National Cannabis Industry Association Calls on Congress to Regulate Cannabis in Response to Reports of Vaping-Related Illnesses | The National Cannabis Industry Association
National Cannabis Industry Association Calls on Congress to Regulate Cannabis in Response to Reports of Vaping-Related Illnesses

National Cannabis Industry Association Calls on Congress to Regulate Cannabis in Response to Reports of Vaping-Related Illnesses


Advocates cite prohibition as main driver of illicit market products linked to most cases, urge federal action, caution from producers of state-legal cannabis vape products 


** Statement below from National Cannabis Industry Association Executive Director Aaron Smith **

 

WASHINGTON, D.C. – In recent weeks, a growing number of respiratory illness cases associated with nicotine or cannabis vaporizer (vape) cartridges have been reported, leading to increasing concern among cannabis vape cartridge consumers, regulators, and medical experts. As of early this week, more than 450 cases have been reported nationwide, including six fatal cases.

The vast majority of these reports have been linked to vape cartridges that were produced and obtained in the illicit and unregulated market, or that were adulterated by consumers. The minute number of cases that have so far been associated with legal cannabis products have not shown definitive links to those specific products. Cases have been reported in states with and without regulated cannabis markets.

Preliminary research has suggested some additive thickening agents, particularly Vitamin E acetate, as a likely cause for many of these cases. This is so far inconclusive, however, and other possible causes including pre-existing medical conditions, faulty delivery devices, or problematic consumption behavior are being explored.

In light of the indeterminate cause(s) of these illnesses and variance in state regulations regarding vape cartridges, the National Cannabis Industry Association (NCIA) makes the following recommendations:

  • Congress is urged to immediately remove cannabis from the Controlled Substances Act and begin to sensibly regulate this substance in a manner similar to alcohol and other consumables, and to make funds immediately available to state medical authorities to investigate these cases.
  • Licensed vape cartridge producers are encouraged to halt the use, if any, of additive thickening agents until more data is available.
  • Given the preliminary reported association of some illness cases with Vitamin E acetate, any licensed producer that has included this additive in recent vape product batches is strongly encouraged to issue a voluntary recall of those products.
  • Licensed cannabis retailers are encouraged to take steps to ensure none of their available vape cartridge inventories have been sourced from a producer that uses Vitamin E acetate.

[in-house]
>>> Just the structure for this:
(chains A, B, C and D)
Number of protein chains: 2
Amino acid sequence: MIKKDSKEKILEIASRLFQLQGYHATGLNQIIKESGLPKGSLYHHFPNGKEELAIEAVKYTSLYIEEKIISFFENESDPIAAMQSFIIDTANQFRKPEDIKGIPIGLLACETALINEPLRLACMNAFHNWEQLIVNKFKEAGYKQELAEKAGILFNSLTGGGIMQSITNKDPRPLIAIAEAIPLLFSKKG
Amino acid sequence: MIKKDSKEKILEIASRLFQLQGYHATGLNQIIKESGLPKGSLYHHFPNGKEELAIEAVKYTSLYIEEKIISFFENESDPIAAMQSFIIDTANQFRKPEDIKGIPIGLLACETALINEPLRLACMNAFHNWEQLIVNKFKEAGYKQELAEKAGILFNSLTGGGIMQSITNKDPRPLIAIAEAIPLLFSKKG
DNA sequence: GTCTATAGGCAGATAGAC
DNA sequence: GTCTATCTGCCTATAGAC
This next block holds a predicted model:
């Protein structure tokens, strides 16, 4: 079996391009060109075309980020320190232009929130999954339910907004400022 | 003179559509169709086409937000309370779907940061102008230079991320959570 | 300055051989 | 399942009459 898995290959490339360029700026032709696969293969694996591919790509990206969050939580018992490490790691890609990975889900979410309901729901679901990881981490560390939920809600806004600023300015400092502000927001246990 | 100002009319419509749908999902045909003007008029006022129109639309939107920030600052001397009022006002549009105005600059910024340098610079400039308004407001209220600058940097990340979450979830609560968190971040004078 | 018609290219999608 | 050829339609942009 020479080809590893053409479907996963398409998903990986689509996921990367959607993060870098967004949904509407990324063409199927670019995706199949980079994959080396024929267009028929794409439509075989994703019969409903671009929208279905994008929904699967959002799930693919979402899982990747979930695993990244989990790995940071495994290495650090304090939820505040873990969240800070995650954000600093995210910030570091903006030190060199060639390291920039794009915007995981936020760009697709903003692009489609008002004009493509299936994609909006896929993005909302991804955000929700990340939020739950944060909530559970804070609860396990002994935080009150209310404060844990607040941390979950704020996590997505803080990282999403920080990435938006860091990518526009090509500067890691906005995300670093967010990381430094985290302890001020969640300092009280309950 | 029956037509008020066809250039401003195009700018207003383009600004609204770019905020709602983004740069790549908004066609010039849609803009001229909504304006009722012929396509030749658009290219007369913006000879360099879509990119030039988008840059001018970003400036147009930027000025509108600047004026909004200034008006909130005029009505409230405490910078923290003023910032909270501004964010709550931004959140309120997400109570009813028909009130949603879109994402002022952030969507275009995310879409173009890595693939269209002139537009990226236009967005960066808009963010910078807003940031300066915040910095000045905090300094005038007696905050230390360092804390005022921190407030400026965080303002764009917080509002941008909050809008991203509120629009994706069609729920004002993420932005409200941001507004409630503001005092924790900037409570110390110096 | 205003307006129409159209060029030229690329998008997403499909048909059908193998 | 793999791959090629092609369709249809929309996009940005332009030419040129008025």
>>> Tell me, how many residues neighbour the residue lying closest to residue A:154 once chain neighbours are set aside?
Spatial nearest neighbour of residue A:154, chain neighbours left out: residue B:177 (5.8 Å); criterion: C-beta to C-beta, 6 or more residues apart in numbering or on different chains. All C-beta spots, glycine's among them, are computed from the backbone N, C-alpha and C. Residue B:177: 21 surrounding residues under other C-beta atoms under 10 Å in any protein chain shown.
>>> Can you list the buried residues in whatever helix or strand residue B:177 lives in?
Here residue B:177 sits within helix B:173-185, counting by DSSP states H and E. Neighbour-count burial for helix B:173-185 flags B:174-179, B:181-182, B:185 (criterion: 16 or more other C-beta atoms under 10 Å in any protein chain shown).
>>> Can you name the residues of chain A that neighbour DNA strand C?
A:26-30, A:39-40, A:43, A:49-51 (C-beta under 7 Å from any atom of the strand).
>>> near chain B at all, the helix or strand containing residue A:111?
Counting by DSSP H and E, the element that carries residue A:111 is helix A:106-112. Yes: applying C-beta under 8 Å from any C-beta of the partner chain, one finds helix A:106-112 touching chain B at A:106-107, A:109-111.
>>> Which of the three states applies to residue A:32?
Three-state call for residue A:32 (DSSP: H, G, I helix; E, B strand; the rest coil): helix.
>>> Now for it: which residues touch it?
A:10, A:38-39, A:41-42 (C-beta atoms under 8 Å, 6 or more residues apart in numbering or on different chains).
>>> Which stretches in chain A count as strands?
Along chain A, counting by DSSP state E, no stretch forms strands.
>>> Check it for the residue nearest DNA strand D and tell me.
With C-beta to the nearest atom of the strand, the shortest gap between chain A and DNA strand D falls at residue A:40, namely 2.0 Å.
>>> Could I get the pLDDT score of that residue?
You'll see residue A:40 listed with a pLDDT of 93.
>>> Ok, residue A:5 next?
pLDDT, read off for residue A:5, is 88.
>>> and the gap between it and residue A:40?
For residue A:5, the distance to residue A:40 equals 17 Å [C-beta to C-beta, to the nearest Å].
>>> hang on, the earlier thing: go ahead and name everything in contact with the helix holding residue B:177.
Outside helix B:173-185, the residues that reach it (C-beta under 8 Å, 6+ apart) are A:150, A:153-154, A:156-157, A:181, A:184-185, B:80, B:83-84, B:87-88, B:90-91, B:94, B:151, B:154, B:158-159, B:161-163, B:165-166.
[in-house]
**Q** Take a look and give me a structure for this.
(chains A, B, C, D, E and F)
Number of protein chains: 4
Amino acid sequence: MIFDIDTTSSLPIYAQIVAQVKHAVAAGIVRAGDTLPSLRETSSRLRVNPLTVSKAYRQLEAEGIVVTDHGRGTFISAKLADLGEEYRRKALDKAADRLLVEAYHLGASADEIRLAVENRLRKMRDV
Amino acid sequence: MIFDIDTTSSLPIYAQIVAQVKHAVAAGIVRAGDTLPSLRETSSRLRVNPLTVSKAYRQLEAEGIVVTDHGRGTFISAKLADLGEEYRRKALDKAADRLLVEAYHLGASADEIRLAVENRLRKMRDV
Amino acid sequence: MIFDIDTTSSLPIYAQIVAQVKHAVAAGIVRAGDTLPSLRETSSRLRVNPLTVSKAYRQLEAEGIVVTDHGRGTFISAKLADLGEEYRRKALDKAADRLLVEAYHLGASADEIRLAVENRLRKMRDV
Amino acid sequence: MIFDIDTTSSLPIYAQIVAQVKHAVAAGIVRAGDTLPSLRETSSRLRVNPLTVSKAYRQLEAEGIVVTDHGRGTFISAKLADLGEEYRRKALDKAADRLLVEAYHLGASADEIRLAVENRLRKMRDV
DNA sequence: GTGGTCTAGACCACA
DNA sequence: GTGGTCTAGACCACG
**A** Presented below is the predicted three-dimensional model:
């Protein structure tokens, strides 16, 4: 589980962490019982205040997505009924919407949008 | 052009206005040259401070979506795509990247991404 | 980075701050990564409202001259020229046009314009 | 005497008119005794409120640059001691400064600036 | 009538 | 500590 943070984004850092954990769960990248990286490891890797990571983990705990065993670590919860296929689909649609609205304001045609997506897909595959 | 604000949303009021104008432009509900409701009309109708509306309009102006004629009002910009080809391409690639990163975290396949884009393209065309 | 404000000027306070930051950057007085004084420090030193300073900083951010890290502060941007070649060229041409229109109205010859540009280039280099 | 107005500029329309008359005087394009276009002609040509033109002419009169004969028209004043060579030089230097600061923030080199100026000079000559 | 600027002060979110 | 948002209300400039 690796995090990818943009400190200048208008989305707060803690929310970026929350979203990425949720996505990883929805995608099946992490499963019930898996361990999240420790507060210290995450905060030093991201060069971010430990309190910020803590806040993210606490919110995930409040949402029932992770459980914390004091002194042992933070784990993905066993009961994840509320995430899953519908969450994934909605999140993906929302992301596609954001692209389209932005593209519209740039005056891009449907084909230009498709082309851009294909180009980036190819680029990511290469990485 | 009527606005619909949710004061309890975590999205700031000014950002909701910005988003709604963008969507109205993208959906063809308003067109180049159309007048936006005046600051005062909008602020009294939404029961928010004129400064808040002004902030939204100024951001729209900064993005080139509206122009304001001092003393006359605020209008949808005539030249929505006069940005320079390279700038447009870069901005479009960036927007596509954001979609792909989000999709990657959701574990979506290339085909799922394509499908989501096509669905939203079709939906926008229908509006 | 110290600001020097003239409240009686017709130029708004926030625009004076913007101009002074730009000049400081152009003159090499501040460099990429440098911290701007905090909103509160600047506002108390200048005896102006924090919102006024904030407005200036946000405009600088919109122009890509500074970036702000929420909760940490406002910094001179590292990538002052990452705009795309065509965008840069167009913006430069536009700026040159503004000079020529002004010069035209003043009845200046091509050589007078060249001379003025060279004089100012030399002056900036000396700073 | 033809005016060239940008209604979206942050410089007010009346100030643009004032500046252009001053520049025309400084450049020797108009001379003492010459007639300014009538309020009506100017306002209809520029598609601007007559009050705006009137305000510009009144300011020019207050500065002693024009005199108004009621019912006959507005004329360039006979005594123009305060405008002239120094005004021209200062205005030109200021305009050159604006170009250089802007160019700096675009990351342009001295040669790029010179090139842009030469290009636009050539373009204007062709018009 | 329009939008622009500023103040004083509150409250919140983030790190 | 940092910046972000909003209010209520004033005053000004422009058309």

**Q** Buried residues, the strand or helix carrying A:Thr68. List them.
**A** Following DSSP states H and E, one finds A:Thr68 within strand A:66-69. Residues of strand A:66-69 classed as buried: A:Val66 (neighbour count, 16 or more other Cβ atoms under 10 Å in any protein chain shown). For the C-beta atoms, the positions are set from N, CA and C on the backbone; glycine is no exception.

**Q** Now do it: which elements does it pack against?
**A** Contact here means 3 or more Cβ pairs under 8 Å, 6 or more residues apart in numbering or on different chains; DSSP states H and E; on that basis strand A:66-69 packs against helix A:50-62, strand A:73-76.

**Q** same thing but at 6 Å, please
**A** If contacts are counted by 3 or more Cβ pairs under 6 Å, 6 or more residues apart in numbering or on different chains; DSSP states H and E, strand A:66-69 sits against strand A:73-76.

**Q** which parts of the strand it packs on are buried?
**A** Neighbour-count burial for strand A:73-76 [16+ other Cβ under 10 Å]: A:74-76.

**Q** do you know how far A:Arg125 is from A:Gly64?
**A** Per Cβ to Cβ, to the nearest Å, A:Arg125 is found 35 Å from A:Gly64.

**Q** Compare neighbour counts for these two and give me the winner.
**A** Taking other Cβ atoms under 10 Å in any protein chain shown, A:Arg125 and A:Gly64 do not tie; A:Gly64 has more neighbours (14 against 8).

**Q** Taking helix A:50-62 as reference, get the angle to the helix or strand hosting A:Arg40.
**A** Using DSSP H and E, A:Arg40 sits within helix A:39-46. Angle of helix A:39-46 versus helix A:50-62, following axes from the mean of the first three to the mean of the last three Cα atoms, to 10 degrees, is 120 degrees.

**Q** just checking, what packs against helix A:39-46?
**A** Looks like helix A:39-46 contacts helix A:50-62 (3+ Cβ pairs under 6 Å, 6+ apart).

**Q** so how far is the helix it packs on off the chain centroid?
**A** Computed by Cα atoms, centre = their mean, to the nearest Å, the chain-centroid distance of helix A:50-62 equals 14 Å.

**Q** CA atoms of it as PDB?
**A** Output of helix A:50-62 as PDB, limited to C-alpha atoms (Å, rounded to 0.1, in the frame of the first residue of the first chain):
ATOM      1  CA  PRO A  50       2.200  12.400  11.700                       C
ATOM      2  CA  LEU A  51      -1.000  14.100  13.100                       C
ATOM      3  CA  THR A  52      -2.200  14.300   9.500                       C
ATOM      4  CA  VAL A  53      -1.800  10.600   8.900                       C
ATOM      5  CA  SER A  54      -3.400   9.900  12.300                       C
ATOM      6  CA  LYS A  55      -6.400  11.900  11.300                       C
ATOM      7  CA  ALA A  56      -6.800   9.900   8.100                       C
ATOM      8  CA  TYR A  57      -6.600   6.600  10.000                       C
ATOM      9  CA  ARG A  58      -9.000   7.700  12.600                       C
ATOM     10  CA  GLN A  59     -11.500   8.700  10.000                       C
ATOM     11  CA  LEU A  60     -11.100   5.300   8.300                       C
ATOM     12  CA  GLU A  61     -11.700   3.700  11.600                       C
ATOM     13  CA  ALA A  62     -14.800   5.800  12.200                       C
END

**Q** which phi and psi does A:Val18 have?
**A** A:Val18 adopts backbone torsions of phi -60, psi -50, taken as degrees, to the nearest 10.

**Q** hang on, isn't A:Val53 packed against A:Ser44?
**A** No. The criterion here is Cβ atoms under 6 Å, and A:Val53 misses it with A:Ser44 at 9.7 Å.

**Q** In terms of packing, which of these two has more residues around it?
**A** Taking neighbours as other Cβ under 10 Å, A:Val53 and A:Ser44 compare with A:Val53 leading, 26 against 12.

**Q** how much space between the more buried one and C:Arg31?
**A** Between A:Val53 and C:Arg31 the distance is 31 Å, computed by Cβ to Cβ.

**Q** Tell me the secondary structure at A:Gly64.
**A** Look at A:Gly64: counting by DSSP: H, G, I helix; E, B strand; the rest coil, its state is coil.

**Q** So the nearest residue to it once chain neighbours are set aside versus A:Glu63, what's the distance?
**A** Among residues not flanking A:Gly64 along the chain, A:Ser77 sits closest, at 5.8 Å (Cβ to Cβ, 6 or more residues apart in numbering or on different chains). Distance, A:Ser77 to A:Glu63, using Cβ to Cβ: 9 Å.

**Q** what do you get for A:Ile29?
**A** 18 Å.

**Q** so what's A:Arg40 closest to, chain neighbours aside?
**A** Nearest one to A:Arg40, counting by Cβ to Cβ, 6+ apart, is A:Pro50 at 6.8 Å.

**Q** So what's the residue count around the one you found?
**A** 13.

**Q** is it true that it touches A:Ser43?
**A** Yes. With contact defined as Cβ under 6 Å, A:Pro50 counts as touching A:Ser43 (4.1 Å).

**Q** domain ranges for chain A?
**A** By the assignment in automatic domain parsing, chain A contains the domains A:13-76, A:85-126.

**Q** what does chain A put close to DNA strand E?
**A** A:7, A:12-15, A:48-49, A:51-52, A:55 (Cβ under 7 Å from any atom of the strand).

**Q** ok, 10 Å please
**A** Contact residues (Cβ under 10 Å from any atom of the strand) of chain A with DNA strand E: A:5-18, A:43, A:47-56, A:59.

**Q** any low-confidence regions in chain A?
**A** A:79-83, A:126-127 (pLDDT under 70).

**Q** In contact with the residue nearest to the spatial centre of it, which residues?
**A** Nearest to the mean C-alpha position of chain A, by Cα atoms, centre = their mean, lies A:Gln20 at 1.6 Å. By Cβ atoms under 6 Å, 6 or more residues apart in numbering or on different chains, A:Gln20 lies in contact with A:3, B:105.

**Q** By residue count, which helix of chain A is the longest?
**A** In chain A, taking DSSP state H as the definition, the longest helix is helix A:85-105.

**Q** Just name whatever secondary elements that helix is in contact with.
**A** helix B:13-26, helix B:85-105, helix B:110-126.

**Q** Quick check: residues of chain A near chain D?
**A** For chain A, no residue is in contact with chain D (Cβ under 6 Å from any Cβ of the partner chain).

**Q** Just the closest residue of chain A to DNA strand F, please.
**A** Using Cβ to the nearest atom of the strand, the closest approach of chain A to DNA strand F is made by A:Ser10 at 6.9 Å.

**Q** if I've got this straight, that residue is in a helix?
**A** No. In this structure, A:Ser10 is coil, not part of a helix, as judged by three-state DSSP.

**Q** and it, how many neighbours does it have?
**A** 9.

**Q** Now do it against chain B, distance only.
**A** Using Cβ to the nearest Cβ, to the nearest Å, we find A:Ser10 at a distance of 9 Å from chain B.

• Cannabis vape cartridge consumers are urged to immediately cease the use of any product obtained from the illicit market and to limit any future purchases of vape cartridges and other cannabis products to state-licensed, regulated businesses.

Statement from Aaron Smith, executive director of the National Cannabis Industry Association:

“These unfortunate illnesses and deaths are yet another terrible, and largely avoidable, consequence of failed prohibition policies. Current federal laws interfere with research, prevent federal regulatory agencies from establishing safety guidelines, discourage states from regulating cannabis, and make it more difficult for state-legal cannabis businesses to displace the illicit market. These policies are directly bolstering the markets for untested and potentially dangerous illicit products. 

The fact that so few of these cases have so far reported any link whatsoever to the legal cannabis market is a testament to the effectiveness of state regulators and licensed businesses at ensuring product reliability. As an industry, however, we view it as our duty to make sure whatever is causing these illnesses is not replicated in legal products and to work toward enacting regulations that can prevent similar public health issues from occurring in the future. The legal cannabis industry is paying very close attention to any new information provided by medical authorities regarding these cases.

It is now the responsibility of Congress to end prohibition and regulate cannabis without delay. By removing cannabis from the schedule of controlled substances and instituting a clear regulatory framework through existing agencies, the federal government can provide helpful guidance to states that have or wish to establish regulated cannabis control systems while helping put irresponsible illicit market producers out of business for good.

We are deeply saddened by this situation and sincerely hope the specific causes are determined as soon as possible to help avoid further suffering. We stand ready to work with Congress and federal regulators on the long-term solution to this problem, which is replacing prohibition with sound regulations.”

Cannabis is legal for adults in 11 states, Guam, and the District of Columbia, and 33 states as well as several territories have comprehensive medical cannabis laws. The substance is legal in some form in 47 states.

 

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